One last thing that we will not know until building commences, is whether or not they pulled off the "continental divide" on the flight deck. Unlike most carriers of the time, which had a flat deck, Akagi's deck sloped up to the center slightly from fore and aft. It's a very subtle change, and I don't see evidence of it on this deck section, but perhaps it will show a bit more when the deck is glued down to the hull and its supports.

Tree F & G

These two trees are for the girders under the flight deck. There blind sprue pieces that will have to be cut off and filed down, but this is still much easier than it would have been had they molded them integral to the flight deck itself and had the knocking pins cut into the girders directly. Hasegawa could have done these with a bit more detail, but it would have easily quadrupled the parts count in plastic and they chose to offer a separate set in brass for those wanting the extra detail and work. This is one area that just screams out for the photo-etch set.

Tree J

Tree J contains many of the heavier AAA turrets and platforms, inclined ladders and also the overhead tracks for the boat and airplane moving equipment under the stern overhang. Some of the platforms, such as J26, J27, and J28, have a very subtle ripple on the top surface above where there are support members underneath. These probably won't be visible with flat paint and a gun mount above them, but the builder may wish to double check first before committing to any thing. Seven chocks that are the envy of any 1/350th carrier are also molded in this tree.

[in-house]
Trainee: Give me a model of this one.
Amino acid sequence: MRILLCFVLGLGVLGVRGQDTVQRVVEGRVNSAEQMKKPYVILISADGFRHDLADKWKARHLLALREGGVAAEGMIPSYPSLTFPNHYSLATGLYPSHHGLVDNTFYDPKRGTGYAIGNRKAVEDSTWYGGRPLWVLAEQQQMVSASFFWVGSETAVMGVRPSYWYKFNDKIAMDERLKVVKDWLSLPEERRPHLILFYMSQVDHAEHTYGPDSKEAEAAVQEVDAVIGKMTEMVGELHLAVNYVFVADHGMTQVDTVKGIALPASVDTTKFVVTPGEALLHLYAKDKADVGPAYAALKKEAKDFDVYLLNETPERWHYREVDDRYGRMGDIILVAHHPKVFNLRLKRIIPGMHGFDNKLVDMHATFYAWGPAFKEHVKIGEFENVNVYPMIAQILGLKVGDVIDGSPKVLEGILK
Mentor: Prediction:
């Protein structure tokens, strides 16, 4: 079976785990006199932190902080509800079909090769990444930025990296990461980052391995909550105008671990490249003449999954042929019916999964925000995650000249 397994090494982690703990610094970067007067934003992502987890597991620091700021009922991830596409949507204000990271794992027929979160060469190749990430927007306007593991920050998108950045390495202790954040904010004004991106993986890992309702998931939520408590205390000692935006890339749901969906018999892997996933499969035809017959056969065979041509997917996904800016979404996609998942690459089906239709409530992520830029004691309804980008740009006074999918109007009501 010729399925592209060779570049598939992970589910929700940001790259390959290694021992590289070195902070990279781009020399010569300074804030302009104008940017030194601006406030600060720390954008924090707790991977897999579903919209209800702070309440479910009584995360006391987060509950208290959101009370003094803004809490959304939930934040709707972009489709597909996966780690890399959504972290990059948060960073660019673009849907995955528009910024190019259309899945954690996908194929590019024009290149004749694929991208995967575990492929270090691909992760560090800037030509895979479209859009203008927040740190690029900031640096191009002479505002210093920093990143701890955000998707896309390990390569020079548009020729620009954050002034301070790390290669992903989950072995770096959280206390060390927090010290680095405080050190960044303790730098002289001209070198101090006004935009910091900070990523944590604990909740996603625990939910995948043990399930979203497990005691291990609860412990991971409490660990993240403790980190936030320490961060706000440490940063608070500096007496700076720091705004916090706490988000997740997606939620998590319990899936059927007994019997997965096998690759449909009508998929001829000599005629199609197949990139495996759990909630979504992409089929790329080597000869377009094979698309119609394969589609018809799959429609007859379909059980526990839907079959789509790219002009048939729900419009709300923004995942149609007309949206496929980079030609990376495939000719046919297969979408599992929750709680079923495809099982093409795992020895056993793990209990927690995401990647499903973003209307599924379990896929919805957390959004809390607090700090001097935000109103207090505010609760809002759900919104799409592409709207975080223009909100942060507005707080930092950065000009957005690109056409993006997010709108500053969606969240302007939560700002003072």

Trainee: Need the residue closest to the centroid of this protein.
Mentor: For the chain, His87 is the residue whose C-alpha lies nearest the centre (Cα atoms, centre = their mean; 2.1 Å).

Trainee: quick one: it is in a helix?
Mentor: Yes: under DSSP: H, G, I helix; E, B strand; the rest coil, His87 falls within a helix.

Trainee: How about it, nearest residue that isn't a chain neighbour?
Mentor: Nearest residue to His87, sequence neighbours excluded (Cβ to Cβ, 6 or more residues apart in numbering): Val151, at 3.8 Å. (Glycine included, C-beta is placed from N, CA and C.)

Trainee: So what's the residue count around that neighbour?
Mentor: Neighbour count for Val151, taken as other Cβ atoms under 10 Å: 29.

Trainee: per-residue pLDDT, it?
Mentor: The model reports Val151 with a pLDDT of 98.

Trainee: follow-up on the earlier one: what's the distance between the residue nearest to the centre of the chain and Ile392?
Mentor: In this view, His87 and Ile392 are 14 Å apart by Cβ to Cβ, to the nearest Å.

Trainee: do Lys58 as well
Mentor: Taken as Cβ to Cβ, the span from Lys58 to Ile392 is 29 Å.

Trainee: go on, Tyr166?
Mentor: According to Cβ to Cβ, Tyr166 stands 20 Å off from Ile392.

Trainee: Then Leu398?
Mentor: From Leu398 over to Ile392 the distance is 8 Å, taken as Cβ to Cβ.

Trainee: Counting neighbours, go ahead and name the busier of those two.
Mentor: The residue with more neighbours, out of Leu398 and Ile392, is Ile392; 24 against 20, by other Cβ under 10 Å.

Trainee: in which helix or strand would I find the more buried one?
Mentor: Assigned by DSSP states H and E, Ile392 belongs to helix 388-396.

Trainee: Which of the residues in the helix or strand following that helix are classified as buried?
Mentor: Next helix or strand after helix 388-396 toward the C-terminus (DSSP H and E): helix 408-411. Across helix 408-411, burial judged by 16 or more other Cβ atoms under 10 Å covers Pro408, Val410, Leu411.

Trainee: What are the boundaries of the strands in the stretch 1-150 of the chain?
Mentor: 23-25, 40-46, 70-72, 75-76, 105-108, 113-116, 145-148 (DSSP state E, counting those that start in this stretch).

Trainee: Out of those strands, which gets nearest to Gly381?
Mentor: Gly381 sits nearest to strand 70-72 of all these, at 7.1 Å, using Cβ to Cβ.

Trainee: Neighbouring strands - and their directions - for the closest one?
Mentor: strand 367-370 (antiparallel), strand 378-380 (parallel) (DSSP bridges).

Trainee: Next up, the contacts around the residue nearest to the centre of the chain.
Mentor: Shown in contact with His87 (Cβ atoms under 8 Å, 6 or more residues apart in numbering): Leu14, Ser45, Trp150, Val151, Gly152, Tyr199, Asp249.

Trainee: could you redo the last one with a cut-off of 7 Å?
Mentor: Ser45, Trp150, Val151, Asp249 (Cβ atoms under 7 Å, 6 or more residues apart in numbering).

Tree K

Platforms populate this tree; anti-aircraft gun platforms and catwalks. Many of them have a very fine diamond plate, a bit more than what one would see in scale, but subtle enough as to not be too annoying to those that aren't favorable to it, and probably just perfect to those that do. Perhaps because pf the diamond tread, but also partially because of the thinner support members on the undersides, no visible surface rippling such as what was seen on Tree J was noticeable.

Tree L

This is the tree for the majority of the vertical supports on the kit; flight deck and other overhangs. Some of the girders, while well molded, could definitely benefit from replacement with photo etch. Some pieces, which are combined posts with flatter structures that have lightening holes molded in them, could easily be drilled for a better appearance, but the lattice girders would definitely be improved with photo-etched replacements.